Electricity is the key
Almost one billion people worldwide have no access to electricity. Yet electricity is the key to economic development, modern information and communication technologies, education and health care.
Electricity also works without a grid
In the pilot village, different approaches of decentralised off-grid solar systems are being tested with the aim of area-wide electrification. In addition to the basic supply for lighting and charging of mobile devices, larger systems for so-called "productive use" applications to generate income are also to be built.
What electricity does
- Electric lighting replaces unhealthy technologies such as paraffin lamps
- Electric lighting prolongs the day (in the tropics, night begins around 6 pm). Electric lighting makes it possible, for example, for pupils to still do homework or read after 6 pm.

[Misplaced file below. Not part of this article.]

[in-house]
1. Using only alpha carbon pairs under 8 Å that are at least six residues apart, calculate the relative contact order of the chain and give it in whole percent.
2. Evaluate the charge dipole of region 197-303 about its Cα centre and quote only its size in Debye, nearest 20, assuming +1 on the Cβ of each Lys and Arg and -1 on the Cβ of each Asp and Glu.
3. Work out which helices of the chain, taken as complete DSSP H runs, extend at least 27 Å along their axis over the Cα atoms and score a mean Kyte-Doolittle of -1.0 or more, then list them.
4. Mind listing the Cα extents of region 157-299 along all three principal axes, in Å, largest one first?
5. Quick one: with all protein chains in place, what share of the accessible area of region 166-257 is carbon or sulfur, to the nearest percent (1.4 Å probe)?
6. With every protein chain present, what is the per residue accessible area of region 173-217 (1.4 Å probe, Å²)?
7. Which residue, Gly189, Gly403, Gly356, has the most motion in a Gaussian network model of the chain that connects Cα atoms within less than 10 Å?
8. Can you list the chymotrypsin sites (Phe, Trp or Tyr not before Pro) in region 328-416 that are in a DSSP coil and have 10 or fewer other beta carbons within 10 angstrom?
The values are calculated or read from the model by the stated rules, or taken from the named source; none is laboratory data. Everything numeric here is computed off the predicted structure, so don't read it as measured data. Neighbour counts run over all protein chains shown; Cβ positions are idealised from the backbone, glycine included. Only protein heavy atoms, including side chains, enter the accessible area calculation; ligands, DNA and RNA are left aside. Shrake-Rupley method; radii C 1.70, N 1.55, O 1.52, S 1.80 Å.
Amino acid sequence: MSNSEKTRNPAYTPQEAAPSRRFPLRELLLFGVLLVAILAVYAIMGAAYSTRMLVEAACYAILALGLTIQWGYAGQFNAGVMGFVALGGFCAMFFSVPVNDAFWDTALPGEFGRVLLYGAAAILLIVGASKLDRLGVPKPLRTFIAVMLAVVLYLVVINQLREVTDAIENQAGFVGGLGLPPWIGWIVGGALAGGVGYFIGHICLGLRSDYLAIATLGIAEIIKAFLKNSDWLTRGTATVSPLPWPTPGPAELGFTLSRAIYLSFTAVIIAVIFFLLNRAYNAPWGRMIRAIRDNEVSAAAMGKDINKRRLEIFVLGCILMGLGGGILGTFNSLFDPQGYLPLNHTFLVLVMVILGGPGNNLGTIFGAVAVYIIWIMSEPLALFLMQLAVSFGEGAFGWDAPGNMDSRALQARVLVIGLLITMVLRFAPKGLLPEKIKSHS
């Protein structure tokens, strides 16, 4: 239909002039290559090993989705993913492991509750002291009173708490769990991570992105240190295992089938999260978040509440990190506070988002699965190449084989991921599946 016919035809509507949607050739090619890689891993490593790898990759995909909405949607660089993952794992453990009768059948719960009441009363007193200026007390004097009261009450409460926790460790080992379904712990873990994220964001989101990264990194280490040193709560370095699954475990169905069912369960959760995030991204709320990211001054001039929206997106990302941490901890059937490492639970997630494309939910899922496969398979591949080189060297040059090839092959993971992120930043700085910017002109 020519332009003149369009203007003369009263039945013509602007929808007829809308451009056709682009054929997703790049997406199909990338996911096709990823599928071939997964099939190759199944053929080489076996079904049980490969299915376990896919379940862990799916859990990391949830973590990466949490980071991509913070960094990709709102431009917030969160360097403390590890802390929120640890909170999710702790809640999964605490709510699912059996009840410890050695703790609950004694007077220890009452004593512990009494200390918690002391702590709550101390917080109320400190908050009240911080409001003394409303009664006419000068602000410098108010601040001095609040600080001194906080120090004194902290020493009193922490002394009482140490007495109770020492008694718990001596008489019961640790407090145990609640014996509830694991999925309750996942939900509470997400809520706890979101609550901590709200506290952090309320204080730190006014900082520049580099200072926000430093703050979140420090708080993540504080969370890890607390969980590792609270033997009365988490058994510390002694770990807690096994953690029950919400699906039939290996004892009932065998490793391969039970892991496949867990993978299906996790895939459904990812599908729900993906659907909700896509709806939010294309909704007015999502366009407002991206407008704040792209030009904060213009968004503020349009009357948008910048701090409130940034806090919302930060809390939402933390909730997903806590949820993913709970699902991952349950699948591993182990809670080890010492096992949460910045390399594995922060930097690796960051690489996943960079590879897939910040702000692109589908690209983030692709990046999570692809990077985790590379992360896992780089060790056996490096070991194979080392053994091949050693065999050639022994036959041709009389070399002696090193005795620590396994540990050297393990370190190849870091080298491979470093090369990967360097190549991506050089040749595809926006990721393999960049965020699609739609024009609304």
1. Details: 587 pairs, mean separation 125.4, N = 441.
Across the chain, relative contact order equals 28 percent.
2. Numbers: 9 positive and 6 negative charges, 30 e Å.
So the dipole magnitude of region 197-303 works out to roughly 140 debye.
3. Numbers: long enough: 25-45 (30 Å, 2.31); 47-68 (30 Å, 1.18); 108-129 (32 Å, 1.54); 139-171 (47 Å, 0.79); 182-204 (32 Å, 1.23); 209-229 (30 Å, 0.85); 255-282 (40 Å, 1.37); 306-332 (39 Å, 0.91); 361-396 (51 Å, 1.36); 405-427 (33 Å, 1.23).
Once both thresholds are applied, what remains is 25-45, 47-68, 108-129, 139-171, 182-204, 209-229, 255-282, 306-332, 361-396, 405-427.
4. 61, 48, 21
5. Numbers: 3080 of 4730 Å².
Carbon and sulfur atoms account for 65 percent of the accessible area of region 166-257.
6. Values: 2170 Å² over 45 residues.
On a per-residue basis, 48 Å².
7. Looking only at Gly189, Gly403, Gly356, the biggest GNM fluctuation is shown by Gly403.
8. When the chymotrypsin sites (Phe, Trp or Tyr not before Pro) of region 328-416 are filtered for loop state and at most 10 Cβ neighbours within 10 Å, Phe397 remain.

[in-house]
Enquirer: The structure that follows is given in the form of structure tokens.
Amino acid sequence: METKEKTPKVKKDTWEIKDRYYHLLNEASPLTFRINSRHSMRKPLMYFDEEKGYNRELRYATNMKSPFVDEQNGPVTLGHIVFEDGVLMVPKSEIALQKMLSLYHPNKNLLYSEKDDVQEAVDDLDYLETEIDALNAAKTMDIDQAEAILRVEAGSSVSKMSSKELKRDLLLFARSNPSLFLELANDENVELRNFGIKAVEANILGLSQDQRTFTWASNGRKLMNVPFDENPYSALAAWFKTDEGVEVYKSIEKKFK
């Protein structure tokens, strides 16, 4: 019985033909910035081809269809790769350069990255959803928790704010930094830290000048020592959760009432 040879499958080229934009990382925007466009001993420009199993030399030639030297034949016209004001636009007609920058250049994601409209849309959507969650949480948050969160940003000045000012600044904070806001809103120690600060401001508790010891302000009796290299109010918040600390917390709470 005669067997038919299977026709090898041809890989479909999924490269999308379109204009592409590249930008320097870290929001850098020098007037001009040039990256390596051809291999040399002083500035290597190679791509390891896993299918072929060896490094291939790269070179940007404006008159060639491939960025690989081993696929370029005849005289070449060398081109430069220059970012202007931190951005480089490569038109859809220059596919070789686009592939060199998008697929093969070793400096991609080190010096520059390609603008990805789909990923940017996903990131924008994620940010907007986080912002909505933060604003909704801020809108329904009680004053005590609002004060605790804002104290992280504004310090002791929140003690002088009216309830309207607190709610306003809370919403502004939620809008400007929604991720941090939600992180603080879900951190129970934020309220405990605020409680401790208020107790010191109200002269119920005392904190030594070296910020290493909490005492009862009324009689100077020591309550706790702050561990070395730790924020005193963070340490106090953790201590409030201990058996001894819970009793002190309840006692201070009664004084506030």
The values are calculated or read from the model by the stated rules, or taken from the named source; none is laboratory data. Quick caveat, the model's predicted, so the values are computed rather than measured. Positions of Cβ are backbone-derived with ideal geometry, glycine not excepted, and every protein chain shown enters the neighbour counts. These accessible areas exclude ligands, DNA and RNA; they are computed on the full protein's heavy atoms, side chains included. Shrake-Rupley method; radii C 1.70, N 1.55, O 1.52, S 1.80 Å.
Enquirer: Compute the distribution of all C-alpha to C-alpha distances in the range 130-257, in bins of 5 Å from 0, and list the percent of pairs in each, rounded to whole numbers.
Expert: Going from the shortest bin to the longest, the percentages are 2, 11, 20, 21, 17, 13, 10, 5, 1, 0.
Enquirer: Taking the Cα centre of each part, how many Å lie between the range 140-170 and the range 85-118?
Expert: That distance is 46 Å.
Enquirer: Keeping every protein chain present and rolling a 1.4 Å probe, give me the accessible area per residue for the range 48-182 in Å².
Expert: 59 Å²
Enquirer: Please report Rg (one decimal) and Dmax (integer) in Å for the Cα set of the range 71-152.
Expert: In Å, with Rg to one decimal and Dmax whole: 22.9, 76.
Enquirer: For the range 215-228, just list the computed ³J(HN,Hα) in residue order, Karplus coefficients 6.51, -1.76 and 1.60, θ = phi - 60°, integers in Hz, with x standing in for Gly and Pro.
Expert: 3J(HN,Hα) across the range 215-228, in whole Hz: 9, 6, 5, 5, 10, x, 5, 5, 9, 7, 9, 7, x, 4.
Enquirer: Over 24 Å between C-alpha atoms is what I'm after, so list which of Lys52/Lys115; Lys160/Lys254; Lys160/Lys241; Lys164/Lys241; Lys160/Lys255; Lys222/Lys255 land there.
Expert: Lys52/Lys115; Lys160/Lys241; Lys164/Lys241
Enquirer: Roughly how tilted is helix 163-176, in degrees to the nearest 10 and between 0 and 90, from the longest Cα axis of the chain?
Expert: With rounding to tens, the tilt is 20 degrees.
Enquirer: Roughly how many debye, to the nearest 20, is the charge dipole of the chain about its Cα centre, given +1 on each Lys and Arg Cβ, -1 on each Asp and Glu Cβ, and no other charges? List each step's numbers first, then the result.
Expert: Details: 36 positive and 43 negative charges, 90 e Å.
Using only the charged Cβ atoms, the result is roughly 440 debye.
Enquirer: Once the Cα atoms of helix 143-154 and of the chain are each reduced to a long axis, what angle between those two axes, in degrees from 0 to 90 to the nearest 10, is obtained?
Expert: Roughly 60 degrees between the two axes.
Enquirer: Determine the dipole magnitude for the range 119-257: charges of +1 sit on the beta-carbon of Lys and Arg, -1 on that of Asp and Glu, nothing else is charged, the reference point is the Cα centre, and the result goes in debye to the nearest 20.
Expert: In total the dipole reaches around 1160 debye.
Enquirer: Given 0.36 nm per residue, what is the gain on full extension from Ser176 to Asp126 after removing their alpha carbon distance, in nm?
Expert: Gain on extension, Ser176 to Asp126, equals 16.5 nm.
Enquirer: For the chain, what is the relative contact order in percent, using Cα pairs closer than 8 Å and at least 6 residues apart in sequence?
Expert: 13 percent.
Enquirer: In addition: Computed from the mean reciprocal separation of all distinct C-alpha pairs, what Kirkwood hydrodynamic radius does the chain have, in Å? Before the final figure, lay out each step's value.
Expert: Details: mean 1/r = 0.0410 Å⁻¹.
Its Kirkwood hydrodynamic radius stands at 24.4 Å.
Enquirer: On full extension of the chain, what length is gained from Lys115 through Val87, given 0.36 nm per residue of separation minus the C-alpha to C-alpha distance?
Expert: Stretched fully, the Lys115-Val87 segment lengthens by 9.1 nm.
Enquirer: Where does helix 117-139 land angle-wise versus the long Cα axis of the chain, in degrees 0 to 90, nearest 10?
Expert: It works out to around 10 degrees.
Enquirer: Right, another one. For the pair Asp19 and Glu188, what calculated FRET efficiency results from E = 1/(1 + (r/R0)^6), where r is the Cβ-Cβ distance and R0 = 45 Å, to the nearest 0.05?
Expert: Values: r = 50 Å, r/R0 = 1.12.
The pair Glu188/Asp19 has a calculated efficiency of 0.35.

- In sub-Saharan Africa, the electrification rate is about one third of households. In contrast, more than 80% of households have a simple mobile phone or a smartphone. The share of (internet-enabled) smartphones is continuously increasing. Owning a mobile phone or smartphone, which can ideally be charged at home, is important for communication and participation, increasingly also for improving income.
- Electric outdoor lighting increases the sense of security
- Solar home systems can also power computers, tablets, radios and televisions, which is also important for participation and also education.
- Income can be generated or food secured through the use of "productive use" equipment such as refrigerators, mobile phone charging stations, mills, pumps, irrigation systems, welding equipment, large televisions or projectors for film screenings.